Boardwalks

Shipwreck sculpture at the heart of Wellington waterfront redevelopment

[ad_1]

The Grove sculpture will be at the heart of the new waterfront plaza.

WELLINGTON SCULPTURE TRUST

The Grove sculpture will be at the heart of the new waterfront plaza.

A new sculpture honouring Wellington’s maritime history will be installed at the heart of a major plaza on the capital’s inner-city waterfront.

The Grove was commissioned from Whanganui-born artist Glen Hayward and will sit on the newly developed Kumutoto Plaza area near the new PwC building on Customhouse Quay and upcoming 12-storey BNZ headquarters.

The artwork is made of recycled wood from a former Wellington ferry wharf and consists of 15 four-metre-high “copper headed nails” hammered into the pavement.

A small park is being developed as part of the rejuvenation of the plaza area, which is designed to be both a pedestrian gateway and public space.

READ MORE:
* Public artworks outside Te Papa get a boost after family pledges sponsorship
* Wellington’s fern orb returns to Te Ngākau Civic Square after more than a year
* Controversial hand-face sculpture ready for installation in Wellington
* Water Whirler sculpture returns to Wellington

The Grove will be surrounded by benches in the new plaza area.

WELLINGTON SCULPTURE TRUST

The Grove will be surrounded by benches in the new plaza area.

It will have boardwalks, bridges and planting. Large timber platforms set in and around The Grove would allow people to stop and sit.

The project began with the donation of timbers and other relics from the ship the Inconstantlater known as Plimmer’s Ark – for the Wellington Sculpture Trust to use in commissioning a new sculpture.

The ship foundered on the rocks near Pencarrow Head in 1849 and was eventually sold to English settler John Plimmer. Plimmer moved the boat to his jetty, which stood opposite what is now Plimmer Steps off Lambton Quay.

Artist Glen Hayward, pictured here in 2014, was commissioned to design the sculpture.

Cameron Burnell/Stuff

Artist Glen Hayward, pictured here in 2014, was commissioned to design the sculpture.

In 1855 an earthquake lifted the shoreline and tipped over the ship. But with expansions of the wharf, it was buried. In 1899 its timbers and other artefacts were discovered when work began on the Bank of New Zealand head office.

The material was then lost again for another 100 years, until they were rediscovered in 1997 during work on what is now the Bank Arcade. A third of the ship’s relics were given to the Wellington Sculpture Trust, a third remain under Customhouse Quay and a third have been fully preserved.

The Kumutoto precinct – the name of the re-developed waterfront area – sits on land that, through a constant process of reclamation between the 1840s and 1970s, has moved the water’s edge almost 300 metres from the original shoreline.

The new Site 9 building, pictured, is due to be completed late next year and will home law firm Bell Gully.

supplied

The new Site 9 building, pictured, is due to be completed late next year and will home law firm Bell Gully.

Sculpture trust chairwoman Sue Elliott said the semi-preserved wood relics in its possession “sadly” proved unsuitable for a work. But artist Hayward proposed the nail idea – carved from timbers once used on the wharves – having been inspired by those used in the ship’s construction in the 1800s.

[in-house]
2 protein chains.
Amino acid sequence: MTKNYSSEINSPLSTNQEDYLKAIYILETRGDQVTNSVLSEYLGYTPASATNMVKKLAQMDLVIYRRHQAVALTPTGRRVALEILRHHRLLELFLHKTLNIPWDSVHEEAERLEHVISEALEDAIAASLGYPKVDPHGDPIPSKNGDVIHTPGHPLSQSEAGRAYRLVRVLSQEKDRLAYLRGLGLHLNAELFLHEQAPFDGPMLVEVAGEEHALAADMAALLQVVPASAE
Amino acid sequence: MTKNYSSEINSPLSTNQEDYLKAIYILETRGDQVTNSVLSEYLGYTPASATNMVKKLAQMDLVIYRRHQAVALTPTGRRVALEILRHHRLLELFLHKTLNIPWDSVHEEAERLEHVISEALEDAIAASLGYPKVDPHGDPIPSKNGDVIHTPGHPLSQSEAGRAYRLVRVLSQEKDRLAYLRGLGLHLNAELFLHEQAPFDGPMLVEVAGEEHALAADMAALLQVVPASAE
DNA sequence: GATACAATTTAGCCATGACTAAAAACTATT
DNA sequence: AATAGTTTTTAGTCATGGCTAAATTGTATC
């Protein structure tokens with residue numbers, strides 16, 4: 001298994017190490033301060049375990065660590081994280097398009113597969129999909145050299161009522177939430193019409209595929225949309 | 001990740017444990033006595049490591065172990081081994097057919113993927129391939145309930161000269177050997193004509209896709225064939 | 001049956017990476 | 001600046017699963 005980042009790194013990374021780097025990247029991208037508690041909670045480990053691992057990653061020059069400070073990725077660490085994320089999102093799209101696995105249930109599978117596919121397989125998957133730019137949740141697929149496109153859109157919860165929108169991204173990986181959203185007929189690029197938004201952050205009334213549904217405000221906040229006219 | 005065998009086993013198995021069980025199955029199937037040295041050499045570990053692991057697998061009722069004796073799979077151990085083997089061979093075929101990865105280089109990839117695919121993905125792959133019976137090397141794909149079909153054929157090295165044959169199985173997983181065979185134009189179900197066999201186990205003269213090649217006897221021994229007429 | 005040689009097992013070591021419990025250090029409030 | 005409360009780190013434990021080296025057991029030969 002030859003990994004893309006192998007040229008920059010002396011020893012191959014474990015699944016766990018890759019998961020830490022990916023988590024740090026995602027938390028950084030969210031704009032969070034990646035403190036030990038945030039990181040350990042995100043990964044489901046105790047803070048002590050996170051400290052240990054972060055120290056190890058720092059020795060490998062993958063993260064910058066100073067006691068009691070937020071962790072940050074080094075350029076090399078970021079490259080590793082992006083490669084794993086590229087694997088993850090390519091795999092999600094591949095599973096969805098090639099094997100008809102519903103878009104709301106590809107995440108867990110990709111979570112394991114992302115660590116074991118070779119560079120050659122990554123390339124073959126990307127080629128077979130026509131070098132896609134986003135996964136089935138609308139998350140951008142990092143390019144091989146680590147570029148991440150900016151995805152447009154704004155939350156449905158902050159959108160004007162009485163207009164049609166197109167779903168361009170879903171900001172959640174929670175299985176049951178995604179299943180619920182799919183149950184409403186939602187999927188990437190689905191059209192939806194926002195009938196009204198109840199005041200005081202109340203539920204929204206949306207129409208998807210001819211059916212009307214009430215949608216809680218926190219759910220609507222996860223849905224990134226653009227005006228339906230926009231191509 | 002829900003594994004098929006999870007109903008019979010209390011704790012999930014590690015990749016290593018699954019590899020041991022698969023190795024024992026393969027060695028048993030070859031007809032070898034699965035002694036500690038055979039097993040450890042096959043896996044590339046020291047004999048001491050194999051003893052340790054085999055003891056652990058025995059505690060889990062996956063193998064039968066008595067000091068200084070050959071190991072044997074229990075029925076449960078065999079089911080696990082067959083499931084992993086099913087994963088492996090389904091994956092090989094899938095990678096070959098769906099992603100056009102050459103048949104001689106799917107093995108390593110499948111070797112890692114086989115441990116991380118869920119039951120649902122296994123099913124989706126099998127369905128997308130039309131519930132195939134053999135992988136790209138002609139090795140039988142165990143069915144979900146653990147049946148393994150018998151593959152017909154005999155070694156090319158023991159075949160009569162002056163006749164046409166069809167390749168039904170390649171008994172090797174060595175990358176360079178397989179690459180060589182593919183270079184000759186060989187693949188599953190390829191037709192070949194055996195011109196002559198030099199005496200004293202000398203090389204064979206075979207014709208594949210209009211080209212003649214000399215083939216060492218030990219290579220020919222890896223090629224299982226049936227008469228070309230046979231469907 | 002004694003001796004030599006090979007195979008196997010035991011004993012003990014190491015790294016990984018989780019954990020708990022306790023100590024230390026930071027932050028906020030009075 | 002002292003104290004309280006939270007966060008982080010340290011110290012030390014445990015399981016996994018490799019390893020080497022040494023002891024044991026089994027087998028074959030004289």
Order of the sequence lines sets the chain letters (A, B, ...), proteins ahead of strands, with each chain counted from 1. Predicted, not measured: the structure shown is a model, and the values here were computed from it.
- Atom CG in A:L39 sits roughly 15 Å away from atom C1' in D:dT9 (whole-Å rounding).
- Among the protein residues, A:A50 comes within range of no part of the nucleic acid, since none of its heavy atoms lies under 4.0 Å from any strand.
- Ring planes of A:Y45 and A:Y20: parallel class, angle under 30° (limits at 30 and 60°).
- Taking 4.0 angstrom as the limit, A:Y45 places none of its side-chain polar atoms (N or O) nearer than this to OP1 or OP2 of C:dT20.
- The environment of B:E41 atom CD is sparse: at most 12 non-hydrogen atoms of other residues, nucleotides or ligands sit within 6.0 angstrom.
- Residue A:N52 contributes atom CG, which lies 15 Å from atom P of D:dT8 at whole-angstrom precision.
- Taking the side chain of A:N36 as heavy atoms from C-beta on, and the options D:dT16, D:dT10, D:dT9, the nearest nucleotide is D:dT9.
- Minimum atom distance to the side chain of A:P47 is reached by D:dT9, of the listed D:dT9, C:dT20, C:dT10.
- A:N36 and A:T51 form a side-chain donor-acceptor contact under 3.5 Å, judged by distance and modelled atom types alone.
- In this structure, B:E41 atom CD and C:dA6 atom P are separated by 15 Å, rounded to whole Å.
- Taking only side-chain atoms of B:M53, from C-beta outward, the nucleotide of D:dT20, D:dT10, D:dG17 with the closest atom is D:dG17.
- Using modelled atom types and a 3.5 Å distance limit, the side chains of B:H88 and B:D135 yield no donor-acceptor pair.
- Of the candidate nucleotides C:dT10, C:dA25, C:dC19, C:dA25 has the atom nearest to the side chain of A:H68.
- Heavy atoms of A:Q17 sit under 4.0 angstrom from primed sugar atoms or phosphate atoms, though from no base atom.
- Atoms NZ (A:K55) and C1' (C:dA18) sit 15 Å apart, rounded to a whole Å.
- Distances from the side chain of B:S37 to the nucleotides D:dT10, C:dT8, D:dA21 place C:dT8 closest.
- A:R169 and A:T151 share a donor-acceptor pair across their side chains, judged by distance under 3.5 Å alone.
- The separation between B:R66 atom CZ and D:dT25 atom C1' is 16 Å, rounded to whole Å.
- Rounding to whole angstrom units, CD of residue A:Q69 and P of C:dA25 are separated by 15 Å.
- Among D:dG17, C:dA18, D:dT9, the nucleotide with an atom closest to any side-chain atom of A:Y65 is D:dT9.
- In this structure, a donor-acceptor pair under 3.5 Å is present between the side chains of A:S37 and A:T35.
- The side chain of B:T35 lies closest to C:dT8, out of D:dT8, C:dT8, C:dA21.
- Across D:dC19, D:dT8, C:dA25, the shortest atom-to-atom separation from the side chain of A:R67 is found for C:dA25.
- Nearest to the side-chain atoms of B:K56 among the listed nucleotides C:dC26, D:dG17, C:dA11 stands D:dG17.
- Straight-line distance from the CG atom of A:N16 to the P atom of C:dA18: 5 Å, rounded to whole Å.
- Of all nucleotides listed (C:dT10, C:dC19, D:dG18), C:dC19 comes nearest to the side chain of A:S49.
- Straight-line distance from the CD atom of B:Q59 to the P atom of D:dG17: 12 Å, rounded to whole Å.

“Although the w
orks are giant, I feel like a grown-up in the toy section,” he said.

Elliott said the work would be a major addition to Wellington’s collection of world-class public sculptures. It would link with the trust’s planned light sculpture for the Shed 21 colonnade opposite Wellington Railway Station, and Nga Kina by Michel Tuffery, which marks the Kumutoto Pa and stream.

The new PwC building is part of the Kumutoto precinct.

JASON MANN

The new PwC building is part of the Kumutoto precinct.

The sculpture is Hayward’s first permanent public artwork, but his presence is not new to Wellington. He contributed to the 4 Plinths project in 2014, which sits outside Te Papa.

The trust has about $76,000 to raise for The Grove but was confident it would secure it. It had already received resource consent from Wellington City Council, and hoped to install it mid-2022.

An illustration of a new 12-storey base-isolated building at 1 Whitmore St, Wellington, which will be leased by BNZ as their new headquarters in the capital. This is across the road from the Kumutoto plaza, at the site of a Z petrol station.

SUPPLIED

An illustration of a new 12-storey base-isolated building at 1 Whitmore St, Wellington, which will be leased by BNZ as their new headquarters in the capital. This is across the road from the Kumutoto plaza, at the site of a Z petrol station.

Established in 1982, the trust is dedicated to enriching Wellington by providing contemporary public art for the city. It has installed several works – most by Kiwi artists – across the central city and waterfront, around the Botanic Garden and in Evans Bay.

One Evans Bay project, Urban Forest, a series of spinning coloured light boxes, was dismantled in August last year due to engineering issues. The council found a solution, but the process to reinstall it was delayed due to Covid-19.

New platforms were being installed, and the work was due to be back up and running over the coming weeks, council spokeswoman Victoria Barton-Chapple said.

[ad_2]

Read More:Shipwreck sculpture at the heart of Wellington waterfront redevelopment